Brexit: It’s Personal for My Family and Me
WHY YOU SHOULD CARE
Because my country may be turning its back on immigrants like me.
For the first 18 years of my life, I was stateless. A Palestinian refugee, I officially belonged nowhere and had no passport, no citizenship and very few rights, particularly in the developed world. It took years of government lobbying, thousands of dollars in lawyers’ fees and hours of late-night prayer, but in 2004, my family and I at last became citizens — of the United Kingdom.
That’s why a bolt of fear ran through me as I watched the results come in: The U.K. had voted to leave the European Union. The same country that had offered my family its saving grace appeared to be turning its back on us. The “Vote Leave” campaign, driven by concerns about immigrants dragging down the economy, pledged to shut down so-called out-of-control borders and rein in “overstretched” services. Such sentiments discount the complex fabric of the demographics in Britain, where 13.1 percent are foreign-born and 8.5 percent are non-British citizens. In fact, long before immigration was a hot-button issue, the size of the foreign-born population in the U.K. almost doubled, from about 3.8 million in 1993 to more than 8.3 million in 2014, according to Oxford University’s Migration Observatory report.
Rather, the rhetoric fueling the Leave campaign was fearmongering, with a strong undertone of prejudice. Far from squeezing resources, most refugees have had astounding financial and academic success. The work they do may not be glamorous or high-profile, but it is worthy work. Take my parents: My father, Aziz, and my late mother, Ayda, were both born in the United Nations–funded refugee camp of Shatila, one of the largest Palestinian camps in Lebanon during the 1950s and ’60s. They landed at Heathrow Airport in 1994, with two daughters, two suitcases and the clothes on their backs. In the ensuing years, my parents transformed not only their lives but also their children’s. My father became the manager of a printing press and my mother (who didn’t speak a word of English until she was in her 20s) managed the IT system for a large college.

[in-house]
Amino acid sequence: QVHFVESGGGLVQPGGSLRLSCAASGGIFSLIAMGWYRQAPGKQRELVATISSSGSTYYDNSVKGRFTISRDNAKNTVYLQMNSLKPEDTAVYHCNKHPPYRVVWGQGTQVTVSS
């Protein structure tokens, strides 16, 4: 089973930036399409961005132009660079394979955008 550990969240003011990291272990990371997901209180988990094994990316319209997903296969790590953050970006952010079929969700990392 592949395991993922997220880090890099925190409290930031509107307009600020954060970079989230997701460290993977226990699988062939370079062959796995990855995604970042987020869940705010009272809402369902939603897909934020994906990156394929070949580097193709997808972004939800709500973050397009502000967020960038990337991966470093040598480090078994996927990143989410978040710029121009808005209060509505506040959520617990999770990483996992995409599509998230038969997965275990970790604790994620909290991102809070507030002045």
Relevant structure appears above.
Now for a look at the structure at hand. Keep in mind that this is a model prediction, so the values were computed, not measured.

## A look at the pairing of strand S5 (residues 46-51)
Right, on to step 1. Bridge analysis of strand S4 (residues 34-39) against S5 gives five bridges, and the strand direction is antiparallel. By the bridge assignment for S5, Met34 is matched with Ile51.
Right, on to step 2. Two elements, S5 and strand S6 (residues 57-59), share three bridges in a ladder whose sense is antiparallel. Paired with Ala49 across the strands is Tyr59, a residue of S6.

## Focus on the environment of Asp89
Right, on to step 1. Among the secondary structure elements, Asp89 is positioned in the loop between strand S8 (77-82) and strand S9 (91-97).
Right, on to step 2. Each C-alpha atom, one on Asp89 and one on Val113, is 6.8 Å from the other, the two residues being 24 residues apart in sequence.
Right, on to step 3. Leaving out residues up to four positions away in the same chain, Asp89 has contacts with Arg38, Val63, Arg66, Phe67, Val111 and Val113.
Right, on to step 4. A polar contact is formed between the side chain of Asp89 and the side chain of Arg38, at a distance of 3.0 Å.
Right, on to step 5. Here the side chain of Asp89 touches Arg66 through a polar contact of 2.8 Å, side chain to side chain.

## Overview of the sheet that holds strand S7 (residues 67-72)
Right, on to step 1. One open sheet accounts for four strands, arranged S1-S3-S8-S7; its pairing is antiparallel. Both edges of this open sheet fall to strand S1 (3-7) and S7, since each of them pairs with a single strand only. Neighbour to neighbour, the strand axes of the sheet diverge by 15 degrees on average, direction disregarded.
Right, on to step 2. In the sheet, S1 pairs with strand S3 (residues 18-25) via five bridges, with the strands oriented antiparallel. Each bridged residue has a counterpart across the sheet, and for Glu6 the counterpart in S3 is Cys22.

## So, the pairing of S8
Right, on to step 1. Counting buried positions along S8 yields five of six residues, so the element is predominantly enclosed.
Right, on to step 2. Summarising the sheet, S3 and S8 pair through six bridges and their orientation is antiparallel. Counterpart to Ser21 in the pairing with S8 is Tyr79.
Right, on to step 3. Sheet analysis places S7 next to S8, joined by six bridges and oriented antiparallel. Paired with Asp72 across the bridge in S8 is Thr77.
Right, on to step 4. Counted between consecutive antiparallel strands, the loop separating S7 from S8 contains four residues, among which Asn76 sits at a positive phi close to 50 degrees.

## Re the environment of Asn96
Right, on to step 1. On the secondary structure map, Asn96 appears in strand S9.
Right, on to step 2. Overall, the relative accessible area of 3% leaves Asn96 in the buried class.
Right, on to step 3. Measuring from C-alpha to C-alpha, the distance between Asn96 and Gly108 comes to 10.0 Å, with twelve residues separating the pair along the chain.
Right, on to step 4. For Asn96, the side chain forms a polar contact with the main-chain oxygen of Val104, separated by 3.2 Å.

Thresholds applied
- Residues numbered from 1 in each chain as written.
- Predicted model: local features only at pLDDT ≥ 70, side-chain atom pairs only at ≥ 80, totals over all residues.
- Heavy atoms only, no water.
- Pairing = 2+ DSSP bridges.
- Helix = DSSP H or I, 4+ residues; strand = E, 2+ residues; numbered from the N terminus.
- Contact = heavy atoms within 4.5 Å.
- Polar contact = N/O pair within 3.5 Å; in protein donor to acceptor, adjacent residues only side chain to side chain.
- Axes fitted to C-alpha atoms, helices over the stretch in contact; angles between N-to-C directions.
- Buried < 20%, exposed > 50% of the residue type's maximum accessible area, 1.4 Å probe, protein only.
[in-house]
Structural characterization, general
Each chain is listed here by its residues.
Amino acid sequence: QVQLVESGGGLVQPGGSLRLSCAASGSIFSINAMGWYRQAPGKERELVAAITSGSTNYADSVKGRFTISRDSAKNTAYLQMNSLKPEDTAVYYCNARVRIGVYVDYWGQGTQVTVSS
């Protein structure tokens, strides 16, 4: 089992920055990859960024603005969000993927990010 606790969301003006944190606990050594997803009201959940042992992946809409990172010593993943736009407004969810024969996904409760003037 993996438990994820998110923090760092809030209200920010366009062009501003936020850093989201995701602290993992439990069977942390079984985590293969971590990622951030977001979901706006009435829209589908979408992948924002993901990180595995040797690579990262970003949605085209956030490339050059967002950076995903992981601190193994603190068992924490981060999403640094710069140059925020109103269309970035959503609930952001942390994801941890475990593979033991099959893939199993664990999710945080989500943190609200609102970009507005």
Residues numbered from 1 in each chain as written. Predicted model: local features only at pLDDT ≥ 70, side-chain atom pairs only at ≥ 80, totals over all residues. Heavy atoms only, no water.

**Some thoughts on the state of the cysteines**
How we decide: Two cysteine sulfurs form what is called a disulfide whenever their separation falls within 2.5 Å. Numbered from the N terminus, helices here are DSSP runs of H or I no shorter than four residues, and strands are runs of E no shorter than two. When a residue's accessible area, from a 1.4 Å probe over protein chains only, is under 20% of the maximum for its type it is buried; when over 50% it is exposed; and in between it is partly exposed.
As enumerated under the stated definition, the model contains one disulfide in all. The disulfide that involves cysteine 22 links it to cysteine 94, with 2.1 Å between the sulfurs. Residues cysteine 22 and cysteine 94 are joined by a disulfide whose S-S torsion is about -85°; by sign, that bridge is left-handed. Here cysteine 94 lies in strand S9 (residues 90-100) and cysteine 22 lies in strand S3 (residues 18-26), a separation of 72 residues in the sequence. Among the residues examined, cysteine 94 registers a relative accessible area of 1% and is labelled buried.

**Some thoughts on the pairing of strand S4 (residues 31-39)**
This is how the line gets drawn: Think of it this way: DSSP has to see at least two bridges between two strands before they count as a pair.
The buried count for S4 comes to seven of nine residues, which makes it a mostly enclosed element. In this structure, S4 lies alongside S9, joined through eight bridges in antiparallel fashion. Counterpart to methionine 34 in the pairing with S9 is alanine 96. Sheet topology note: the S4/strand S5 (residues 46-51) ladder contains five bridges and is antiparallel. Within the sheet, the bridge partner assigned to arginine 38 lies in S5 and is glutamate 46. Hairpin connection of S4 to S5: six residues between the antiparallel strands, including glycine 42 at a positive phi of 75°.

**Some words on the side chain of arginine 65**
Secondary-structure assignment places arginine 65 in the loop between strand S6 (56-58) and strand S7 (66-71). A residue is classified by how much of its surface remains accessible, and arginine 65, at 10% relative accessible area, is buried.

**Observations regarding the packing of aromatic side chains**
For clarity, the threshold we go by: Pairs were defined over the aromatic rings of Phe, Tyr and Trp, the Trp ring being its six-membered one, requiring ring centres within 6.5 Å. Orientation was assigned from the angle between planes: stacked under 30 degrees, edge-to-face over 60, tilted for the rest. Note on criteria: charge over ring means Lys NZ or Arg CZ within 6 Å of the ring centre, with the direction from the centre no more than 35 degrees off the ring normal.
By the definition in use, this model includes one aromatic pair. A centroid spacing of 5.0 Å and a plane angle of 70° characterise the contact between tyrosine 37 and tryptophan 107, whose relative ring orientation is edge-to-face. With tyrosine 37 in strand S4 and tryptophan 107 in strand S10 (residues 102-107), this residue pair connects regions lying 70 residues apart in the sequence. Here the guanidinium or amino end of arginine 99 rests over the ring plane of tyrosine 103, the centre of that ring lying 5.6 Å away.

I never expected this country, my adopted home, could breed so much xenophobia and anti-immigrant rhetoric.
Yes, we may now be British citizens on paper, but it is impossible to forget the journey we have taken. We are the only members of our entire extended family with an official passport from a country. In fact, if the stringent rules of immigration law — sure to become even stricter with the passing of a Brexit vote — had applied in 2004, when I was awarded my passport, my family would probably be living a very different life. Today’s Britain does not resemble the tiny island where I made my closest friends and settled with family. I never expected this country, my adopted home, could breed so much xenophobia and anti-immigrant rhetoric.
Britain is not the same place it was 72 hours ago. Emboldened by a fear that immigrants are the easy channels for terror, the British bureaucracy has increasingly tightened its requirements for incoming immigrants. And history is repeating itself with my family. My sister’s husband, Mahmoud, a Palestinian refugee living in Lebanon, has had his visa to the U.K. repeatedly denied. He has to prove his worth to England despite fathering two British-born daughters: my nieces Widad, 2, and Maryam, 1. What happens to the opportunities for young families trying to make a break in England? A vote against the EU is not a vote against terrorism, as UK Independence Party leader Nigel Farage claimed. It is a vote against British families.